It cannot be assumed that pronouncements from the Bush administration have any relationship with truth. Take, for example, the assertion that Saddam Hussein gassed his own people. The event occurred in 1988 during the Iran-Iraq War in the Kurdish city of Halabja. On Jan. 31, The New York Times published an opinion piece by Stephen C. Pelletiere, the CIA's senior Iraq analyst during the 1980s, concerning this topic. The gassing occurred during a battle in which Iraqi forces sought to recapture Halabja from the occupying Iranian army. Pelletiere stated, "We cannot say with any certainty that the Iraqi chemical weapons killed the Kurds ... both sides used gas at Halabja." He also revealed that a U.S. Defense Intelligence Agency classified report alleged that Iranian gas killed the Kurds. Considering its source, the Reagan administration, and that the U.S. was officially an ally of Saddam at that time (while cynically arming both sides), this latter assertion should also be considered suspect.

Recently, a WWII veteran told me he simply couldn't conceive of U.S. leaders purposefully lying to us. So in the finest tradition of the Gulf of Tonkin Resolution and with the corporate media's full compliance, the Bush administration continues to spread its propaganda rationalizing aggression in Iraq to its constituency among the indoctrinated. Don't be deceived.

David Hamilton


Bob Graham for President

Editor:

It's time to start thinking about 2004, folks. Certainly it must now be apparent to all that there was a ton of difference between Bush and Gore in 2000. I seriously doubt Gore would have had us on the edge of the abyss we're looking over today. So let's start thinking about which candidate has the best shot at defeating the madman in the White House next year.

I submit that that candidate is Sen. Bob Graham, Democrat from Florida, who announced his candidacy last week. A two-time governor, then three-time senator, he is widely respected as an intelligent, moderate candidate from what we all now know is a crucial Southern state. He's no Republican in Democratic clothing. Don't confuse him with Phil Gramm!

He voted against the resolution that gives Bush the power to declare war on Iraq any old time he feels like it. Every other Democratic candidate from the House or Senate (with the exception of Dennis Kucinich, who will be elected president when hell freezes over) voted for it.

Democrats almost certainly must nominate a Southerner if they intend to win the presidency. It's as simple as that, folks. The last non-Southern Democrat to win was JFK, 43 long years ago, and nothing is going to change that electoral equation between now and November of next year. That narrows the field to two, Sen. Graham and Sen. John Edwards of North Carolina. John Edwards is an up-and-comer, but is still young and not nearly as qualified for the job as Sen. Graham.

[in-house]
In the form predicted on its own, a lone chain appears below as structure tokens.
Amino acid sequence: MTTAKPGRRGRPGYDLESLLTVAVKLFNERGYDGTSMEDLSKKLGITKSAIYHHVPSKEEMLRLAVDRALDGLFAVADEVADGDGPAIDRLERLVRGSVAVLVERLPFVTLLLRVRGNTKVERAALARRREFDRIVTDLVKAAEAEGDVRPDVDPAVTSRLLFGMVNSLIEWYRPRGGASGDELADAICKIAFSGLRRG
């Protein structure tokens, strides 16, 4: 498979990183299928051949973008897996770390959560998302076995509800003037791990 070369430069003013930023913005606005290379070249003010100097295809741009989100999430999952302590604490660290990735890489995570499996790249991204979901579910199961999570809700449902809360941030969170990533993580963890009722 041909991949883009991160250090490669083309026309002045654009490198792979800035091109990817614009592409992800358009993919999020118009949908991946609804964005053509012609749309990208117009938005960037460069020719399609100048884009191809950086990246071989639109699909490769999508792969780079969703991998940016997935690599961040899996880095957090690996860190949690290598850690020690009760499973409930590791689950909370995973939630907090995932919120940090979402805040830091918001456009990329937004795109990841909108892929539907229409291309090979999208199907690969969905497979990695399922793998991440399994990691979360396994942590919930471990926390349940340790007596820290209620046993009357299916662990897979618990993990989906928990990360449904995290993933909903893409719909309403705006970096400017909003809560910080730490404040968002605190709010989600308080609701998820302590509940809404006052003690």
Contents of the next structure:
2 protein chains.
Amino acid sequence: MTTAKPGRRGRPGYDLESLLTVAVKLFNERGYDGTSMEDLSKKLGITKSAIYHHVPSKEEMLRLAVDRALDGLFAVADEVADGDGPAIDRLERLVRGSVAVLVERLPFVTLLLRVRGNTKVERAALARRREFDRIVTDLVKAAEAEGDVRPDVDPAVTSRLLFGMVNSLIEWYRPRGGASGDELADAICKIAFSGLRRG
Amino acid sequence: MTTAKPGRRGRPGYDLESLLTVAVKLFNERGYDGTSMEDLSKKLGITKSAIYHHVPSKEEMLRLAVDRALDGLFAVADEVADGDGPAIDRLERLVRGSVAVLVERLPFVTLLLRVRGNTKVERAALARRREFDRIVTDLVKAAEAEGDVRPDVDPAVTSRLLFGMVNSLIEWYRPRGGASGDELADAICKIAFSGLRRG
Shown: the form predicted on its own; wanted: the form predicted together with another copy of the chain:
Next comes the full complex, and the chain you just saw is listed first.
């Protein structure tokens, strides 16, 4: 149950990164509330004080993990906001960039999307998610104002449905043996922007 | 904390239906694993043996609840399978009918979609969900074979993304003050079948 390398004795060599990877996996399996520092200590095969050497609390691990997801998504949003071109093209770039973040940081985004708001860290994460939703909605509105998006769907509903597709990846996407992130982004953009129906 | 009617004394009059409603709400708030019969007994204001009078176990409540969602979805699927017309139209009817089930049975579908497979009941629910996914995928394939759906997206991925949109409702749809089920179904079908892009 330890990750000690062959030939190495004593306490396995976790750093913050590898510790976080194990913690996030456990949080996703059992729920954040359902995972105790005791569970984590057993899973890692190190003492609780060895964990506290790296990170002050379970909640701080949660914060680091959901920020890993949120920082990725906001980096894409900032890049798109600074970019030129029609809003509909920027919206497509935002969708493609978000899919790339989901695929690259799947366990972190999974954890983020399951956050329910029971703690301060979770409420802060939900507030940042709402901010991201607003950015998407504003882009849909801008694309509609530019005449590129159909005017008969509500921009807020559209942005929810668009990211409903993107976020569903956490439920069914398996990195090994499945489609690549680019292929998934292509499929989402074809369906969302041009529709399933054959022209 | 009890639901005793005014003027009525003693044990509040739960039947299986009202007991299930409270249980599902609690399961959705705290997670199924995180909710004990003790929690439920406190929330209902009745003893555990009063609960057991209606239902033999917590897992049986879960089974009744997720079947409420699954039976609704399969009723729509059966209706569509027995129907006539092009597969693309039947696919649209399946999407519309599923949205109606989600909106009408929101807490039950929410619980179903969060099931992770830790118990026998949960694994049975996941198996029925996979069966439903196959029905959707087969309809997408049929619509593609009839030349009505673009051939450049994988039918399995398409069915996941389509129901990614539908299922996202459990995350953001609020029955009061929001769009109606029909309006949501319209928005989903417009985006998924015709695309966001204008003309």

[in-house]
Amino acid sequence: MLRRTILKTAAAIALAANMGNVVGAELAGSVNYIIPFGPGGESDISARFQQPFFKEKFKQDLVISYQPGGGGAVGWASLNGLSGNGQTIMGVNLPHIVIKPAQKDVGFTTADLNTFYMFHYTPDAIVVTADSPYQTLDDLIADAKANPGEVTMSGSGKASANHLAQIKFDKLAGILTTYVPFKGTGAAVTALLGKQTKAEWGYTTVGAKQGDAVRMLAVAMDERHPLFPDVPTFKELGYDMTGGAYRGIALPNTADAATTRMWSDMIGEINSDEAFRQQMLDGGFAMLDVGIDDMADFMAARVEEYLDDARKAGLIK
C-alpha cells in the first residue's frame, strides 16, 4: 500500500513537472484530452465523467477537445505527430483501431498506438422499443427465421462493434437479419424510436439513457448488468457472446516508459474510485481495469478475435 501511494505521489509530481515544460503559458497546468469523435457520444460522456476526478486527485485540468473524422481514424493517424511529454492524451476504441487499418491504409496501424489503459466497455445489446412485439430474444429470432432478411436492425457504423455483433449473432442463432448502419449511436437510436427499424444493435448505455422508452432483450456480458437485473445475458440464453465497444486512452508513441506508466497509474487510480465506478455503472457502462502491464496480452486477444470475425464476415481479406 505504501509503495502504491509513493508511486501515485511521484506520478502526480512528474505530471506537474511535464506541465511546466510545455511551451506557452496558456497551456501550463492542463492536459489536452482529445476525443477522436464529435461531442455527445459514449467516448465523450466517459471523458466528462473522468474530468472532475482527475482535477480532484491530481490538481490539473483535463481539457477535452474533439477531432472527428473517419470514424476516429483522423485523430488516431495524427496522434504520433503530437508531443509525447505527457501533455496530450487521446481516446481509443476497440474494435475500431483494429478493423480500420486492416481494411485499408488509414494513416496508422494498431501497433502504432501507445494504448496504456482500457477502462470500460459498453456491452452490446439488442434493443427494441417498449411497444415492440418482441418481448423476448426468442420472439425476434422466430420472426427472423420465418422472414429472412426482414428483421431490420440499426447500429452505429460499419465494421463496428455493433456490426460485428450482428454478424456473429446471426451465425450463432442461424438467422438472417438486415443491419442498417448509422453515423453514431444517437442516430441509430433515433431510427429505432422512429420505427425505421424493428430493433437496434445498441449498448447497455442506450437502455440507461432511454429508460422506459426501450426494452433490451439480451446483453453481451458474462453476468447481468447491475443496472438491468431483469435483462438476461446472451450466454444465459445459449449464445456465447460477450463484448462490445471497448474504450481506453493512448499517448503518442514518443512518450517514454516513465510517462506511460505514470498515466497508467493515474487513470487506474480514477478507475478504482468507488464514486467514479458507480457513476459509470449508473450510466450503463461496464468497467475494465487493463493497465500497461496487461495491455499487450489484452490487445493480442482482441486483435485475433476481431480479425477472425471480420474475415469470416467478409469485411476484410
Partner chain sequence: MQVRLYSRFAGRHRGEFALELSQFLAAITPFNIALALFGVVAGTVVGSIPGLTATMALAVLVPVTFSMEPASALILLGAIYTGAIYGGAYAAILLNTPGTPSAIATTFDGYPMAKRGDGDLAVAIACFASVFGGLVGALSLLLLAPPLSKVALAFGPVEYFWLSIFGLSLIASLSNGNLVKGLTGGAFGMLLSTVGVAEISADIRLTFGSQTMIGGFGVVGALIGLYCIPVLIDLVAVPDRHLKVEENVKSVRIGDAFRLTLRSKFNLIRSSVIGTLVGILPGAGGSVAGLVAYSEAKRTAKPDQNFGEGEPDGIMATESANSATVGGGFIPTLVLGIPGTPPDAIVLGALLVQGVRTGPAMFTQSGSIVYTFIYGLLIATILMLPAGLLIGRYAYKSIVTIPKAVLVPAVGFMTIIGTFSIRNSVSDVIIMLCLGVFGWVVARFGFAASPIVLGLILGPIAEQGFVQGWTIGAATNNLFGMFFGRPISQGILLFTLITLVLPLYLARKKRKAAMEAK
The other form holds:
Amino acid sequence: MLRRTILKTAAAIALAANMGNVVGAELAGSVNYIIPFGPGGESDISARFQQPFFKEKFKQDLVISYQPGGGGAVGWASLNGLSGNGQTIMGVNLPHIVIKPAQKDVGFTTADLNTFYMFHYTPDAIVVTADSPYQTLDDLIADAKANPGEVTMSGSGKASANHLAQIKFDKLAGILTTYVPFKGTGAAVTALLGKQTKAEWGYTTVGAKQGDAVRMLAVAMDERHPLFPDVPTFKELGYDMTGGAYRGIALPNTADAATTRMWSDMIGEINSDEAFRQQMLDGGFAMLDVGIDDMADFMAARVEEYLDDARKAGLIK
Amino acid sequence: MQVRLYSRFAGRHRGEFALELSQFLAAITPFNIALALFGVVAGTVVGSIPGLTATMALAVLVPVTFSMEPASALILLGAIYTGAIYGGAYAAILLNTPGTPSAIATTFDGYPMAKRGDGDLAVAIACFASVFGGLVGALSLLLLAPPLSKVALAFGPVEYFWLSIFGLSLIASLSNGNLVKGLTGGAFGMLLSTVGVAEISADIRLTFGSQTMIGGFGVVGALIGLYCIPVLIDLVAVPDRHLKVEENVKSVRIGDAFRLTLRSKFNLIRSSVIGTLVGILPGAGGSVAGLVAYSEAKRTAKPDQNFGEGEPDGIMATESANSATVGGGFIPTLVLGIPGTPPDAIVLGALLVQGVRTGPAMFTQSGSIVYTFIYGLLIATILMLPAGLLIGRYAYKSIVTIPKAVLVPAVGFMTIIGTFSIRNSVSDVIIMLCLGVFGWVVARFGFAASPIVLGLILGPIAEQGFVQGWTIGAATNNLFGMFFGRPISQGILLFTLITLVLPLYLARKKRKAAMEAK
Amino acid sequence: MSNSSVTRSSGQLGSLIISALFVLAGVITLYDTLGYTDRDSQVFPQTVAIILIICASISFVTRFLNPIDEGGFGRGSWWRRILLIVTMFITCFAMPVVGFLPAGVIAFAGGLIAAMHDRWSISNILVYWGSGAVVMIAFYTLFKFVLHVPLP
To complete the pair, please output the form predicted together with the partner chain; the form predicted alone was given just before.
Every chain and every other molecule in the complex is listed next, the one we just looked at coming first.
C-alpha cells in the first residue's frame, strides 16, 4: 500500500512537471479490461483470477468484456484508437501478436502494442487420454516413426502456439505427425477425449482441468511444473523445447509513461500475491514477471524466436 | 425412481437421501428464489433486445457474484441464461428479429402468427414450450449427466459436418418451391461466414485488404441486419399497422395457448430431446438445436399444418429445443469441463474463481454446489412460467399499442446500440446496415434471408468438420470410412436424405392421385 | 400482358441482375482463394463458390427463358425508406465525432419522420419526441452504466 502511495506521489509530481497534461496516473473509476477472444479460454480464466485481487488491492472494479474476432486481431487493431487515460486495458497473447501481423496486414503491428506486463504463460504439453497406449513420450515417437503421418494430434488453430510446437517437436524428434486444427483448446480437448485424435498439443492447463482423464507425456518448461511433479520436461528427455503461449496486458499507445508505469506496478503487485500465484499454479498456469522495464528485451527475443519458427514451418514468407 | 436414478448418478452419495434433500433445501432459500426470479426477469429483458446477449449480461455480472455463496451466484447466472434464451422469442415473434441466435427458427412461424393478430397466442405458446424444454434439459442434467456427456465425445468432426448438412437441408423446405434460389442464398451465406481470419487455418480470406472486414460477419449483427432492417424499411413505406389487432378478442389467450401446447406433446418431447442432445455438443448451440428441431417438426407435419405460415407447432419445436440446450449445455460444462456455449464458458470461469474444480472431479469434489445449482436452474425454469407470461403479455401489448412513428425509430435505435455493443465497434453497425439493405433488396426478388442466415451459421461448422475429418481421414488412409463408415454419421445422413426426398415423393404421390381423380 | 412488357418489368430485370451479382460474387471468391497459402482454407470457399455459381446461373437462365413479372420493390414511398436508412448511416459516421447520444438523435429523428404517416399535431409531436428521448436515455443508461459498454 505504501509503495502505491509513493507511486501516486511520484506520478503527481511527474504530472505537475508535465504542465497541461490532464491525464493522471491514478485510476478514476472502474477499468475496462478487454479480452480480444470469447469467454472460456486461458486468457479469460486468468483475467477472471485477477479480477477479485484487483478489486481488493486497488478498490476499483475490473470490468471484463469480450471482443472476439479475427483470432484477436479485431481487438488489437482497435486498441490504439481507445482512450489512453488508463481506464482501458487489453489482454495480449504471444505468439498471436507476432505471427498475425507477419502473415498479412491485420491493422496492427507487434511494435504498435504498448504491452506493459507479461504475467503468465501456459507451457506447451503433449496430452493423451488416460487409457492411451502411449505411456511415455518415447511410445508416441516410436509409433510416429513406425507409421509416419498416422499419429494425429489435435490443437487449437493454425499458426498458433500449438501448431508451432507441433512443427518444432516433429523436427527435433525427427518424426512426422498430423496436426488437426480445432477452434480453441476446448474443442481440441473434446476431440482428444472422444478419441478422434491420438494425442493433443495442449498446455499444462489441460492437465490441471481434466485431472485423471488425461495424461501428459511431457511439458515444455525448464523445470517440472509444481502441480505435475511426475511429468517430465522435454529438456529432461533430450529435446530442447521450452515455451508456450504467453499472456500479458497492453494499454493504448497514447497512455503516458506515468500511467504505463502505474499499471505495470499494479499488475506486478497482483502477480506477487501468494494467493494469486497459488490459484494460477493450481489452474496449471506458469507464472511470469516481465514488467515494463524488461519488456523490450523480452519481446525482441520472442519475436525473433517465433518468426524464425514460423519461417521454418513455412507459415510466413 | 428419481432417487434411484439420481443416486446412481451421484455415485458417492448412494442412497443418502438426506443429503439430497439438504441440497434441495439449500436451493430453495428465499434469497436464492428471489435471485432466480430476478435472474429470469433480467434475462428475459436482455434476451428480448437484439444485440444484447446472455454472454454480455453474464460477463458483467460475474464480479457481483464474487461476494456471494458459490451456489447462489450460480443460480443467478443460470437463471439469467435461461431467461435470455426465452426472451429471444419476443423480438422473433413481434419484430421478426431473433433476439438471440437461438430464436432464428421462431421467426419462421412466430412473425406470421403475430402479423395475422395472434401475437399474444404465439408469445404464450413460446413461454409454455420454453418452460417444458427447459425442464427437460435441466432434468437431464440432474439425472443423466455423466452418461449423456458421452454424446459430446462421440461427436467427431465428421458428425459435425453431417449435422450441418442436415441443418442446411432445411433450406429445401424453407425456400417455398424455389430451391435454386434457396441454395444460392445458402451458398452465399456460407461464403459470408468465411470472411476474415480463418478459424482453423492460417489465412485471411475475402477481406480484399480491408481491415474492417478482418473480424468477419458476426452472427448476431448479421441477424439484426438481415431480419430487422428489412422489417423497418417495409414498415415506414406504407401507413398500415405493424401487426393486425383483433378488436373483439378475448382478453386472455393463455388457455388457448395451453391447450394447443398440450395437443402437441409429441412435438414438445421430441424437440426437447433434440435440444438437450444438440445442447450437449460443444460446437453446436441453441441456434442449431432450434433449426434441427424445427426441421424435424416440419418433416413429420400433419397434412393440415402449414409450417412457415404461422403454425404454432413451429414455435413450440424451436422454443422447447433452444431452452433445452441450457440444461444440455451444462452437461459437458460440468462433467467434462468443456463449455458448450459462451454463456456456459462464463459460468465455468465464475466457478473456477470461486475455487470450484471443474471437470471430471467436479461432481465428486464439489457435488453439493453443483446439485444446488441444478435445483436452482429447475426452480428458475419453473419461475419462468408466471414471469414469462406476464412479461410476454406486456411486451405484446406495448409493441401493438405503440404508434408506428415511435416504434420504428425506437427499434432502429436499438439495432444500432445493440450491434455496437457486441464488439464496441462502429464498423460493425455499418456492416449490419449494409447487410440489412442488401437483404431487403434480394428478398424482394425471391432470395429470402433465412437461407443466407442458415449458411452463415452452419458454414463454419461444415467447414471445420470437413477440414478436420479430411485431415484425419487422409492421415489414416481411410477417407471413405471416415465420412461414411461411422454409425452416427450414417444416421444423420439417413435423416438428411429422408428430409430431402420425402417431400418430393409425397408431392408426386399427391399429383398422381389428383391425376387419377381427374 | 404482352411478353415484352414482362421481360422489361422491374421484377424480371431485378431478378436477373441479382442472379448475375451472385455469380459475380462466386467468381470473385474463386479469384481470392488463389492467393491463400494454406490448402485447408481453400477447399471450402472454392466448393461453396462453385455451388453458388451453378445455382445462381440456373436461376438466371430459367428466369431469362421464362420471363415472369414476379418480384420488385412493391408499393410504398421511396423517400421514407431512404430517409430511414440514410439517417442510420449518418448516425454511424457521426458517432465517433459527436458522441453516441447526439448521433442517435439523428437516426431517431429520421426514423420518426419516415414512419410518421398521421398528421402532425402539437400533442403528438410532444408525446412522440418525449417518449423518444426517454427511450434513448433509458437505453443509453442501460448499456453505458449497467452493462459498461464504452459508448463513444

So for those of you thinking about the next presidential election, think Sen. Bob Graham.

Steve Hamlett


Florida Recount Rehashed

Editor:

In November of 2000, during the Florida recount debate, everyone assumed that if Al Gore did not accomplish a complete manual recount he was not going to succeed.

It was that exact assumption that allowed the Florida secretary of state to submit as certified the recount of Nov. 8 as required by state election law, even though Katherine Harris knew in advance that the certification was void due to the contamination of manually counted ballots within that recount.

The recount was conducted properly, and although the Florida election law provides for an automatically instituted machine recount, it does not restrict that recount to machine-counted ballots only. In a North Central county of Florida where the machinery was optical scanning equipment that separated and ejected each "no vote" as it was encountered, the poll workers took it upon themselves to manually count the "no votes" and add them to its canvassing board totals. This was reported on TV. The reporter was checking on the canvassing boards that were not yet ordered to recount their "no votes."

Everyone should have recognized the Supreme Court had just removed Florida's right to participate in the election of the president due to its ruling on restricting the state from having any manually counted ballots in their certified count.

Florida law requires the use of the ballot recount. It made no difference to the state of Florida that the manually counted "no votes" were included within the ballot recount.

At that point the secretary of state of Florida had the legal option to go to her state legislature and request them to submit a legislative slate of electoral votes which did not have to be honored.

Instead ... Katherine Harris chose to conspire with others to appoint their president.

Clifford Morton

Van Nuys, Calif.


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Our readers talk back.

July 9, 2004

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A plethora of environmental concerns are argued in this week's letters to the editor.

March 31, 2000